In short: As I was watching the Daily Show, I realized that I believe I can make informed decisions that will be of long-lasting benefit to our country. I also believe that those who lean toward cynicism will be more honest with themselves and others. The Daily Show produces people who can break us out of our country’s stifling partisan wars. But are these balanced individuals so doubting and cynical that they view their participation as ineffective?


The 2008 election had the second-largest youth voter turnout (52%) in American history [Psychology of Today]. The 2012 election had a lower turnout – though not far behind. My hope is we can continue strong. That we can not only show up en mass to speak our voices, but to continue honing our voices and opening our minds to be receptive to change.

Photographs of the Syria struggle

I have had the opportunity to travel. In most places I avoided touristy destinations in an effort to find and experience worlds unique from my American ones. Very few pleasure vacations are more raw than winding down Turkish back roads guided only by a piece of paper that you hope was translated into Turkish correctly.

Time published a series of photographs from photojournalists covering the conflict in Syria between the Assad regime and the rebels. They are powerful: a collection of the journalists favorite images.

Perhaps more than anything I have shocked at the resilience of these people. The above image is of a man returning home to his family with his groceries. He has to run across the street to avoid the sniper haunting the street.

I’m not sure if it is because I have seen the beauty of these foreign place that I ache for those thrown into the wars. Maybe it’s because I have no way of really comprehending the world the Syrian rebels are currently living and these journalists images have succeeded in moving their audience that I find myself wishing I could be there photographing the situation. It feels more concrete, like these people and their cameras are doing more to help resolve this situation than anything I can do from my padded chair in America.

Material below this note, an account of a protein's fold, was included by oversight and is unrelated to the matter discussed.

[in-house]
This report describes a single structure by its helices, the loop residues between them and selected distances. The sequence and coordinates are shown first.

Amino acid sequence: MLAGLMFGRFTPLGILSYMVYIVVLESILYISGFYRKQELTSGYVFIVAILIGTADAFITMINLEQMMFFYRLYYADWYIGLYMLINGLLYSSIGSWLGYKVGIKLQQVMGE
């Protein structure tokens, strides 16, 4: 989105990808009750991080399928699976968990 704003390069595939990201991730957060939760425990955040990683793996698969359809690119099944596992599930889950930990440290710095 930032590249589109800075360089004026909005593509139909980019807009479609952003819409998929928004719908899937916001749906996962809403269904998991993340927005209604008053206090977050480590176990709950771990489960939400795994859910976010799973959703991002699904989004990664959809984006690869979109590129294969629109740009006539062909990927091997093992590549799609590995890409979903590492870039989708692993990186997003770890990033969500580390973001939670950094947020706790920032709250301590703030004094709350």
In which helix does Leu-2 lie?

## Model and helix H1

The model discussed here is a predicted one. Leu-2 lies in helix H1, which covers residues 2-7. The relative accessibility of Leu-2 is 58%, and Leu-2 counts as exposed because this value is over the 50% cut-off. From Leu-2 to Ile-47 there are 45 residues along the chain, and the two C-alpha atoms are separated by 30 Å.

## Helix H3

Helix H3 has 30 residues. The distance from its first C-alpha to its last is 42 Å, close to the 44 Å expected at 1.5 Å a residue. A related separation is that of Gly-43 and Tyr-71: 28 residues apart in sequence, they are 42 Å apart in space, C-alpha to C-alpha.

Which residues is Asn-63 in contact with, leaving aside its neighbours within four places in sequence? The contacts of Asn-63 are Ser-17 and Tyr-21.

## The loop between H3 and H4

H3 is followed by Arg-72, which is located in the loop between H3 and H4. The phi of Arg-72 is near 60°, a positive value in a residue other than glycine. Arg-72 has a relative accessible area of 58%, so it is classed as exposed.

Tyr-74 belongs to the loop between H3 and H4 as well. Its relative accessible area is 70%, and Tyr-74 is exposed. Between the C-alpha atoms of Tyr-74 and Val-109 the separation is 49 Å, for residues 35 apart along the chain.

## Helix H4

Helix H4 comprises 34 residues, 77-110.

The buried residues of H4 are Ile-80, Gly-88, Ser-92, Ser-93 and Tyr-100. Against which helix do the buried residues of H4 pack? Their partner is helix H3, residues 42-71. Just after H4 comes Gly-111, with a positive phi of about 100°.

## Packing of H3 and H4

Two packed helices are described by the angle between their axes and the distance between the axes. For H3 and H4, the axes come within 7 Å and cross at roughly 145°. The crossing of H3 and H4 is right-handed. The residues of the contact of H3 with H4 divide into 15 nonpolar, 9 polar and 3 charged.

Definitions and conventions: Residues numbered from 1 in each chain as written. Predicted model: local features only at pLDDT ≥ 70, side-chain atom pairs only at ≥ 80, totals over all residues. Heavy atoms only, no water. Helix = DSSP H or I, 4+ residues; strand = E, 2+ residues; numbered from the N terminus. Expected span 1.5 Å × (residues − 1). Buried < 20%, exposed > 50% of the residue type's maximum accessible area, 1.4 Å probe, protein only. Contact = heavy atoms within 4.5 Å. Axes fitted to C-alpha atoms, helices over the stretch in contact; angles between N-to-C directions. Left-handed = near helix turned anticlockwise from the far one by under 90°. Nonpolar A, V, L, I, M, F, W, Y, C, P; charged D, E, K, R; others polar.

September 11, 2012

It doesn’t feel like 11 years have gone by, but I think about everything that has happened since I watched the second plane hit the Twin Tower: my dad had turned the television on before school started just as the second tower hit and I stood there transfixed. I didn’t know what it meant, but I knew this was big.

I ask myself if I feel safer. I don’t like having our troops in the Middle East, but I don’t begrudge President Bush for the choice he made. I may have made a different one, but there’s no way to know exactly why he did what he did. Do I fear the Taliban? No. I never really did because they weren’t real to my everyday life. When I listened to President Obama tell the world Osama bin Laden was dead killed the power of the militant group even more in my eyes.

And how has America changed? We are closer as Americans and more divided than ever. In 11 years I hope we can learn to address our fears, see which are real and which are simply ghosts we allow to survive. I know I have learned to balance my perspectives, my beliefs and I hope I can help others do the same.

Love to you all.

More of James Nachtwey’s photography from the day.